As part of my 1/72nd scale Waterloo project (one that I classify under "plastic nostalgia") I needed a 24 figure unit for my Napoleon's Battles OoB. To give it the correct classification, a 24DBLN brigade. I had already done the Dutch part and today finished the Belgian Line Infantry. Trying to maximise my options I created an 18 figure unit that can fill in as a battalion for Shako as well as being single figures I can use for Napoleonic skirmish or perhaps other rule systems.
The 18 figure unit lead by the grenadiers. I like the pose of these HAT figures.
But they are not all HAT, spot the six Airfix figures if you can (well six figures, but just three poses, one of which is a conversion).
The mixed Dutch/Belgian Brigade for Napoleon's Battles.
I still have the artillery to finish and then I will do some of the light cavalry before tackling the militia.
In posting these photos I realize I am yet to finish the flag staffs which are still in their bare metal glory. I used the same matt varnish that is anything but matt, something I might remedy in the future with a matt spray, but they can be glossy for now.
Last night we had a four player game of Sails of Glory. Stephen N in HMS Royal George (100), Mark B in HMS Goliath (74) fought a bruising battle against Greg in the Imperial (118) and myself in the Generaux (74). It took three hours to get an outcome as the big ships can take a good deal of punishment.
HMS Goliath and the Imperial exchange opening broadsides.
It went bad for HMS Goliath when she caught fire and was subject a broadside from the Generaux.
HMS Royal George comes into range of the Imperial, while HMS Goliath gets some return fire against Generaux.
The British are running with the wind.
A murderous close in exchange of fire takes place between the Generaux and HMS Royal George (which is loaded with double shot). Meanwhile HMS Goliath was able to put out its fire and do some other necessary repairs.
The two French boats give the George a flash of their sterns. Not sure what the correct naval term for that maneuvre is...
Whatever the term maybe, the George was taken aback.
But it significantly out shot the Generaux, which ended up with two leaks and a fire. With only three hull boxes left it was done for. Pity as the game was going good until that round.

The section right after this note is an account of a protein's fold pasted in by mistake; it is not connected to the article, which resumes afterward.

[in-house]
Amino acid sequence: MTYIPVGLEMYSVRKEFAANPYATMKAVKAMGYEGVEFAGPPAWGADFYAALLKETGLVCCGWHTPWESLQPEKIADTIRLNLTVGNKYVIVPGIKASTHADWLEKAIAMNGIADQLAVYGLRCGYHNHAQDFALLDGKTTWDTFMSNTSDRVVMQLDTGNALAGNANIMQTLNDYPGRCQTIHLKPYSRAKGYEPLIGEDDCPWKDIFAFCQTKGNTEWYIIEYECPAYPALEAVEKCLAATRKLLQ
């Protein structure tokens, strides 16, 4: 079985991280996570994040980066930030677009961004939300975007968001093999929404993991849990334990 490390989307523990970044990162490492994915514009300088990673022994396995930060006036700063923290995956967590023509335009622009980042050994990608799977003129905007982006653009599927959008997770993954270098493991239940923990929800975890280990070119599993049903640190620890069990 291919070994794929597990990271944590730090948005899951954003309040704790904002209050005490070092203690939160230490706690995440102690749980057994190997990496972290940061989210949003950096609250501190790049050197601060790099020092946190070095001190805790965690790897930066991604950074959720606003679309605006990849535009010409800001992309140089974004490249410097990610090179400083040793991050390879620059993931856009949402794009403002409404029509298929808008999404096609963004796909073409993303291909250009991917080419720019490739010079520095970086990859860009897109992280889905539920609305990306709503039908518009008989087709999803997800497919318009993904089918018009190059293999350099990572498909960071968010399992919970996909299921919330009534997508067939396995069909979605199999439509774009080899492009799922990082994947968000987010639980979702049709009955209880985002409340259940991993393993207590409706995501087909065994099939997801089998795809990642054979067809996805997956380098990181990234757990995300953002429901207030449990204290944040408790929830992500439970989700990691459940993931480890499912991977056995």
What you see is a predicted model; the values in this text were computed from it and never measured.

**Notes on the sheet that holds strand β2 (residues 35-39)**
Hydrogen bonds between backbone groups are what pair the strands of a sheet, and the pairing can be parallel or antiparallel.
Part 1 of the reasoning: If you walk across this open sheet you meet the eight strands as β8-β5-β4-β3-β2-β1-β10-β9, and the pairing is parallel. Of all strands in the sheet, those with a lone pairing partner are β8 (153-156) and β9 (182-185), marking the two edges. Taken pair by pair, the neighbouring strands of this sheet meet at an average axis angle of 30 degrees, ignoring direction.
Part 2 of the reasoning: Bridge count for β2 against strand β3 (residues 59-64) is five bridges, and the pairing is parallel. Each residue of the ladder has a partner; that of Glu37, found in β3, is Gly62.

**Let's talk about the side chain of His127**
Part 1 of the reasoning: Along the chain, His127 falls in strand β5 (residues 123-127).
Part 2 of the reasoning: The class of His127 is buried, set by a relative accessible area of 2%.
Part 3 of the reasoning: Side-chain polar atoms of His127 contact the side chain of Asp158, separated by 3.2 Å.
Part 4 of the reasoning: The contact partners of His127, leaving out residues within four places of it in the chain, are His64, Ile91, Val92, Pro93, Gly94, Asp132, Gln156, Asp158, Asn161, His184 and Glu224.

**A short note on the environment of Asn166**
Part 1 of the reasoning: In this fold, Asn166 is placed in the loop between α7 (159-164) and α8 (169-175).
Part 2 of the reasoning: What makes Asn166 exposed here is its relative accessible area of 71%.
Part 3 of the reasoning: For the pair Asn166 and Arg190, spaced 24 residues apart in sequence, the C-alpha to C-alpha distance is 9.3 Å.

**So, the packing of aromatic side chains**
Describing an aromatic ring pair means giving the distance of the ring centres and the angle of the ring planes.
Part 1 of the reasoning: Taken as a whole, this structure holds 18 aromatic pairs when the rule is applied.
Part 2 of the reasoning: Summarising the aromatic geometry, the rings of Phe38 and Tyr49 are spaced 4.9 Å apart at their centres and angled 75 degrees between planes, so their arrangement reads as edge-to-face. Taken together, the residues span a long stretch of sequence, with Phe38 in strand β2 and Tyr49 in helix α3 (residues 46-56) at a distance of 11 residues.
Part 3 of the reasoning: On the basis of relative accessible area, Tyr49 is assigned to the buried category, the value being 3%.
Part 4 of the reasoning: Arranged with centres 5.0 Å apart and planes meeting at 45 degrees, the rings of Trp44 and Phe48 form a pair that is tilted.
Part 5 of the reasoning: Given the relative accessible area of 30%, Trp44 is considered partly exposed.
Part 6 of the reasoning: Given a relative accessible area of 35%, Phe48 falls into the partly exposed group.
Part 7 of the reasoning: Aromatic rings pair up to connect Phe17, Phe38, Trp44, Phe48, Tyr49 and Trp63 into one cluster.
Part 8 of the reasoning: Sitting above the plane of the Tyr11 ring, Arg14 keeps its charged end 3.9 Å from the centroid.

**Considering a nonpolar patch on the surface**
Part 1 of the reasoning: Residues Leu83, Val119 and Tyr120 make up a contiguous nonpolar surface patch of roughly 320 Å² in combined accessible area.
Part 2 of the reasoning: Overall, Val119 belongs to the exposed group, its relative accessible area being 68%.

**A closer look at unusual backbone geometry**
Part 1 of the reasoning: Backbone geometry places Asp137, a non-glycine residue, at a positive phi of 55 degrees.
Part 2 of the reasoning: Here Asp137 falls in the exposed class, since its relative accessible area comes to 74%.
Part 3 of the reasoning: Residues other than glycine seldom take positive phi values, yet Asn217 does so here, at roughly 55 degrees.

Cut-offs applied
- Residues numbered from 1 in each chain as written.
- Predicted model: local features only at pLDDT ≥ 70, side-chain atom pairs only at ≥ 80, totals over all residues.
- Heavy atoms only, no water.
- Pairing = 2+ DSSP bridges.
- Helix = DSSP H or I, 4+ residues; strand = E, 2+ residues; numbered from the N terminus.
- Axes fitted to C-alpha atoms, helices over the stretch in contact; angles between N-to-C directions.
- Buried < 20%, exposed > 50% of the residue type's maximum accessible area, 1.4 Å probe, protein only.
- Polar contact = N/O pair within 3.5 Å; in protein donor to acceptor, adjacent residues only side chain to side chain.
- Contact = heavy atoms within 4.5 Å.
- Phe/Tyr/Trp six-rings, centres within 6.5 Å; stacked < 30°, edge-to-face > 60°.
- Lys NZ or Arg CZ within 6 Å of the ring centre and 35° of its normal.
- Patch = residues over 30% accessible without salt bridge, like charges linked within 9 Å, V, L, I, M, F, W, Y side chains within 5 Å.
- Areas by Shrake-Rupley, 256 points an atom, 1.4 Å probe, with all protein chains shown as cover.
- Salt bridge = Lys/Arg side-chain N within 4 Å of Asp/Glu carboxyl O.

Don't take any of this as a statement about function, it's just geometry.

With my ship sunk I sulked around about a bit until returning for a final photo opportunity.
The end of the game saw the Goliath de-masted and de-crewed while the George had accumulated half damage and thought it was time for discretion. The Imperial was still in good shape.
It is a pity that the design of the ships, which are pretty robust for gaming purposes, hadn't allowed for the interchange of different masts to show sail configurations and damage.
The game was accompanied by some semi nautical tunes from Billy Joel and Crowded House.
After Richard and I played this on 8 August I was keen to play again, this time as the Axis.
After five hours and some good rolls by me and some poor rolls by Richard at critical times (mainly associated with the attacks and determined defence of the big cities), the Soviets had run out of troops and the Axis were about to breakthrough in a big way.
It is funny that GMT label it as the German-Russian War as one of the fascinating things they point out in their background information is that there were so many different nationalities involved in the campaign, on both sides.
Last night at the NWS I took the Airco DH.4 for its second flight, this time escorted by a Sopwith Camel flown by Mark B. Facing us were three German aircraft piloted by the two Stephens. The objective of the game was to fly over a beacon behind enemy lines.
The big picture. I take the heavily armed DH.4 off to investigate. The Sopwith Camel decides to defend our beacon.
First intercept. Dealt some damage but guns jam.
Extra fire from the tail guns, which promptly jam.
Second intercept. Fire breaks out aboard the DH.4.
Objective in sight, but third intercept is making its approach.
It only took one extra bit of damage and down goes the DH.4
This has been a major objective for 2014 for me - use my figures to play a game of Fire and Fury.
About ten years ago I was playing Fire and Fury with a group in Canberra. I had some figures of my own, but not enough to do a scenario. One of the group decide to sell his 15mm ACW collection and, using the justification that my partner wanted to move to Perth, I bought it. The rationale being that I would still be able to enjoy the game when I moved, without the risk of not finding players who used the rules and same scale etc. It has just taken me a while to get my act together.
A second objective was to try out the terrain mat concept to see how it went as I have need of it for other battles. The surface played well, looked good, was functional. The only addition would be to secure the joins with tape on the back for the duration of a game. As luck would have it we ended up fighting on the very spot where the four mats joined.
Apart from adding magnetic stripes to my figures to allow safe transport, the one new thing I needed was some abatis. I should have done a separate post on them as I am quiet pleased with how they look. They are basically cut back tree armatures from Woodland Scenics, hot glued to pop-sticks and painted brown and flocked. I still have to make some of those snake fences, but that will now be a project for another day (or year).